"Tim Burton's Corpse Bride" doesn't really need the first two words in its title. After all, who else's corpse bride might this be confused with? "Garry Marshall's Corpse Bride"? "Chris Columbus' "? It doesn't seem likely.

For better and worse, this particular "Corpse Bride" bears the stamp of producer-director-conceptualizer Burton. His trademark "Charlie and the Chocolate Factory" mixture of bleak humor and the bizarre make the venture unmistakably Burton's. That and the director's understandable passion for the labor-intensive process of stop-motion animation that involves the frame-by-frame manipulation of three-dimensional creatures.

More than a decade ago, Burton conceived and produced his first stop-motion venture, the delightfully ghoulish "The Nightmare Before Christmas," directed by Henry Selick. This time Burton has co-directed (with stop-motion vet Mike Johnson) and that seems to have tipped the balance, and not in a good way. "Corpse Bride" has more warmth and appeal than its title would indicate, but it is finally more grotesque than good-humored. And, even at 75 minutes, it feels longer than its content can comfortably support.

This is perhaps not surprising, given that Burton says in the press material that the idea for the project came from "a little short story, a couple of paragraphs from an old folk tale" given him by the late Joe Ranft, a fellow animator. It took three writers — longtime Burton collaborators John August, Caroline Thompson and Pamela Pettler — to stretch this material to its current length, and the exertion is all too visible.

The idea, which echoes the classic Yiddish narrative of "The Dybbuk," involves the spirit of a dead person who comes between a betrothed young couple. If they are to marry, they must acknowledge and make their peace with the powerful presence of those who are technically no longer alive.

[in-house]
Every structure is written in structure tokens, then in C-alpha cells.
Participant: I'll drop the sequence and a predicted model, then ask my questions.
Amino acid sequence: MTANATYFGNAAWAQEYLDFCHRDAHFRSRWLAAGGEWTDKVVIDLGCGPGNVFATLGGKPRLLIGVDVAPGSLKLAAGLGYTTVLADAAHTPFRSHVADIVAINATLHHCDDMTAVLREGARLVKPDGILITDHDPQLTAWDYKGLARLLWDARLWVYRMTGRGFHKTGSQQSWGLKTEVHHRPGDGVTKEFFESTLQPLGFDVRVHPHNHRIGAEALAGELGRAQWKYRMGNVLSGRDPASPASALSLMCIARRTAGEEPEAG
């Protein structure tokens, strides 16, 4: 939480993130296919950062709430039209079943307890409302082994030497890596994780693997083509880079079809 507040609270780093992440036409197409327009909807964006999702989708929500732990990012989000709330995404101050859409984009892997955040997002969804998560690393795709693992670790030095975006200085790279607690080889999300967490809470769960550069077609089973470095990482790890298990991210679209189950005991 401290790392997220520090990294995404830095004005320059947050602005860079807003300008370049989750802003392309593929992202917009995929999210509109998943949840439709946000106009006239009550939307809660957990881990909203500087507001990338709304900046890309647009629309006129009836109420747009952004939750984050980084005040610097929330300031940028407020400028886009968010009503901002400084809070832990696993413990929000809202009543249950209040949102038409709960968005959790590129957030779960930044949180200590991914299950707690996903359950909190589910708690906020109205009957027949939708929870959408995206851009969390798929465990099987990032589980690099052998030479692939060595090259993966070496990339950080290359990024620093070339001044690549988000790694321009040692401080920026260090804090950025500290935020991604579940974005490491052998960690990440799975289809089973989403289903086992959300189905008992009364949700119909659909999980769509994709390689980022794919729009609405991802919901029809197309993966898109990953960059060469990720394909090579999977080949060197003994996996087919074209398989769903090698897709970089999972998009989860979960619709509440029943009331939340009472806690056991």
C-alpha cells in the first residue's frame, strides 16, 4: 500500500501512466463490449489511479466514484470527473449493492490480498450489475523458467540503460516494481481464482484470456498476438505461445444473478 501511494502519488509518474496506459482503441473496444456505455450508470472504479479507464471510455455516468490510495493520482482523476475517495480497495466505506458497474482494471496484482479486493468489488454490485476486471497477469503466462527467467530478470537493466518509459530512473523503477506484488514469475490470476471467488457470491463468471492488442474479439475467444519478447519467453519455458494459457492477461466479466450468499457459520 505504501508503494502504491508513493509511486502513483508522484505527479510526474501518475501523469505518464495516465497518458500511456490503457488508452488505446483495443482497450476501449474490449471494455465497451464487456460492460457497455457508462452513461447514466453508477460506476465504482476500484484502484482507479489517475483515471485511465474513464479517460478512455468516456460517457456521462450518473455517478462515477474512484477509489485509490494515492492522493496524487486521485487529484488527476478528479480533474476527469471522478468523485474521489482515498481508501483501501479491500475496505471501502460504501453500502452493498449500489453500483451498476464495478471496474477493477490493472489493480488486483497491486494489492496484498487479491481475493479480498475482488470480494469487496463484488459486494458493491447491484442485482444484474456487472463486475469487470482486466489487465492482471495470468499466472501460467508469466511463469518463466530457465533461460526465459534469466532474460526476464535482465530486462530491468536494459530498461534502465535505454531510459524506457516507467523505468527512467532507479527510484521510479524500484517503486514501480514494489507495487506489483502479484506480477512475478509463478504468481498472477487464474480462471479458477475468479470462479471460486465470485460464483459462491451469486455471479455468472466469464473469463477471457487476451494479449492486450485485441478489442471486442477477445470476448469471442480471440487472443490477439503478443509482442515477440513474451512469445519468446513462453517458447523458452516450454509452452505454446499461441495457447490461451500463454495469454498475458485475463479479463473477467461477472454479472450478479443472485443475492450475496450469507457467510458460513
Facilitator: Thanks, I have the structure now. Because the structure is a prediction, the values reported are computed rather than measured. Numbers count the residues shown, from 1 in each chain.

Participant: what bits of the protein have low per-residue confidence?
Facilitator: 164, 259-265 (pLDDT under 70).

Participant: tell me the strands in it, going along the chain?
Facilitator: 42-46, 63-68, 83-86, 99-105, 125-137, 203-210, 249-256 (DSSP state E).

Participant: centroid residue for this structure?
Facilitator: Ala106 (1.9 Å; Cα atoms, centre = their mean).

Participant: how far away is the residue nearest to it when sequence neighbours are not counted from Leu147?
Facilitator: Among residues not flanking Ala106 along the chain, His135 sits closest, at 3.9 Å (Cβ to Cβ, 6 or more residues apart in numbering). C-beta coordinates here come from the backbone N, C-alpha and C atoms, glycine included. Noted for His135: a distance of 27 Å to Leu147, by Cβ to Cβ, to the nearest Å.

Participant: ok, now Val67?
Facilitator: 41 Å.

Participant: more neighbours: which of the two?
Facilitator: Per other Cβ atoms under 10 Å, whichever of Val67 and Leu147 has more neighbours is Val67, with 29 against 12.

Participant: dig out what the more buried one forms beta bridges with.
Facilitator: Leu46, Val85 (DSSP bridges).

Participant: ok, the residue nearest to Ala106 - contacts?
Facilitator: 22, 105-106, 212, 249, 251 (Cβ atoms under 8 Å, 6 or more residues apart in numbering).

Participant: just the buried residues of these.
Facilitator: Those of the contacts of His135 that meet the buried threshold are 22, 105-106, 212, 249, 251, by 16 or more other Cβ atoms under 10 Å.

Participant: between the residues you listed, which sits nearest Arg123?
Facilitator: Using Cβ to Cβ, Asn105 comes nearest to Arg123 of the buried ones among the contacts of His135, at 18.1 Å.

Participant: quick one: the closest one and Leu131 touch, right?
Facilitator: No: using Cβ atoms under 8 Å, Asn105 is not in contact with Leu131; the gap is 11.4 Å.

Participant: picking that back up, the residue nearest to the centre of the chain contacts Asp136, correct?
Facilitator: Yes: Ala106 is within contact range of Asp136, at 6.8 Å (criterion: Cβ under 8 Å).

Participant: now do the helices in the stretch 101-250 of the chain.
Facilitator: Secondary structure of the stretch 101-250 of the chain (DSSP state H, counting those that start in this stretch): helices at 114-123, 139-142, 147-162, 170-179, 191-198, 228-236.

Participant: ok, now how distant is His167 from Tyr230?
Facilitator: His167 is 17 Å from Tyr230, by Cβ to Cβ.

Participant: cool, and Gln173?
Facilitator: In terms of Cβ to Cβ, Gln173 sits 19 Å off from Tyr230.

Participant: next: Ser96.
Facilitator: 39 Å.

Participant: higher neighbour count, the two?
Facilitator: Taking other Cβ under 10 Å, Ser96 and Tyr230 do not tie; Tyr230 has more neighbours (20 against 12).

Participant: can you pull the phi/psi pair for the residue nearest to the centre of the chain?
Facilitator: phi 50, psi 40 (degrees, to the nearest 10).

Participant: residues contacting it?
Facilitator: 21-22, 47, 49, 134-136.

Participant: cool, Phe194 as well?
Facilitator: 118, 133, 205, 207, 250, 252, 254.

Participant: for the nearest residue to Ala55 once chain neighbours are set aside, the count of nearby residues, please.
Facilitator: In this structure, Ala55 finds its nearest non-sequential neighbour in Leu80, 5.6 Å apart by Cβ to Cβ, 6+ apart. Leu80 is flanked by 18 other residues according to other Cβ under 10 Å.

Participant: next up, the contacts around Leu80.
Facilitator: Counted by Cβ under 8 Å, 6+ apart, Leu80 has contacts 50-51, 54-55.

"Corpse Bride" is set in a uniformly gray 19th century city, beautifully rendered as kind of a cross between London and Prague. It's peopled by odd-looking, elongated folk who owe their height to the space needed to place an intricate gearing mechanism that controls facial expression inside each and every head.

The story begins with two very different — but equally repulsive — sets of parents getting ready for their offspring's arranged marriage. Aristocrats Finis Everglot (voiced by Albert Finney) and his rutabaga-headed wife Maudeline (Joanna Lumley) are as snobbish as they are penniless. Nell and William Van Dort (Tracey Ullman and Paul Whitehouse) are so crude and nouveau-riche that overweight Nell has trouble fitting into her own carriage.

The Van Dorts' son Victor (who else but Burton favorite Johnny Depp?) is everything his parents are not: an unworldly aesthete prone to doing the wrong thing and terribly fearful around women. His opposite number, Victoria Everglot (Emily Watson), has been savagely suppressed by her parents.

Although the two young people, absolutely the only normal individuals in the film, first meet at the wedding rehearsal, the attraction between them is noticeable. But Victor, still female-phobic, so messes up the vows that the cranky Pastor Galswells (the veteran Christopher Lee) sends him home for more practice.

Wandering in the woods, Victor screws things up even further. Practicing the vows, he places the wedding ring on what he thinks is a dead tree branch only to find it is the hand of Helena Bonham Carter's bony yet buxom (don't ask) Corpse Bride, who immediately comes to life and insists that she and Victor are now man and wife. As opposed to the gray city, the land of the dead where she lives turns out to be a full-color place where everyone knows how to have fun.

This scenario is enlivened by Danny Elfman's energetic music, including four clever songs he wrote. It's no wonder that Victor, many plot turns later, has trouble deciding whether it would be more worth his while to be living or dead.

While it would be unfair to reveal what Victor ultimately decides, "Corpse Bride's" world wears out its charm before the final credits roll. Unless you're one of those people who can't get enough of skeletons, not to mention really old jokes and a Peter Lorre-sounding maggot who keeps popping out of the corpse bride's eye socket, you will wish "Corpse Bride" was a short rather than a feature. The film does have a fairy-tale aspect, but, like many of its characters, it is more dead and buried than fully alive.

'Tim Burton's Corpse Bride'

MPAA rating: PG for some scary images and action, and brief mild language.

Times guidelines: Lots of grotesque imagery.

Released by Warner Bros. Pictures. Directors Mike Johnson, Tim Burton. Producers Tim Burton, Allison Abbate. Screenplay John August, Caroline Thompson, Pamela Pettler. Cinematographer Peter Kozachik. Editors Jonathan Lucas, Chris Lebenzon. Music Danny Elfman. Production design Alex McDowell. Running time: 1 hour, 15 minutes.

In general release.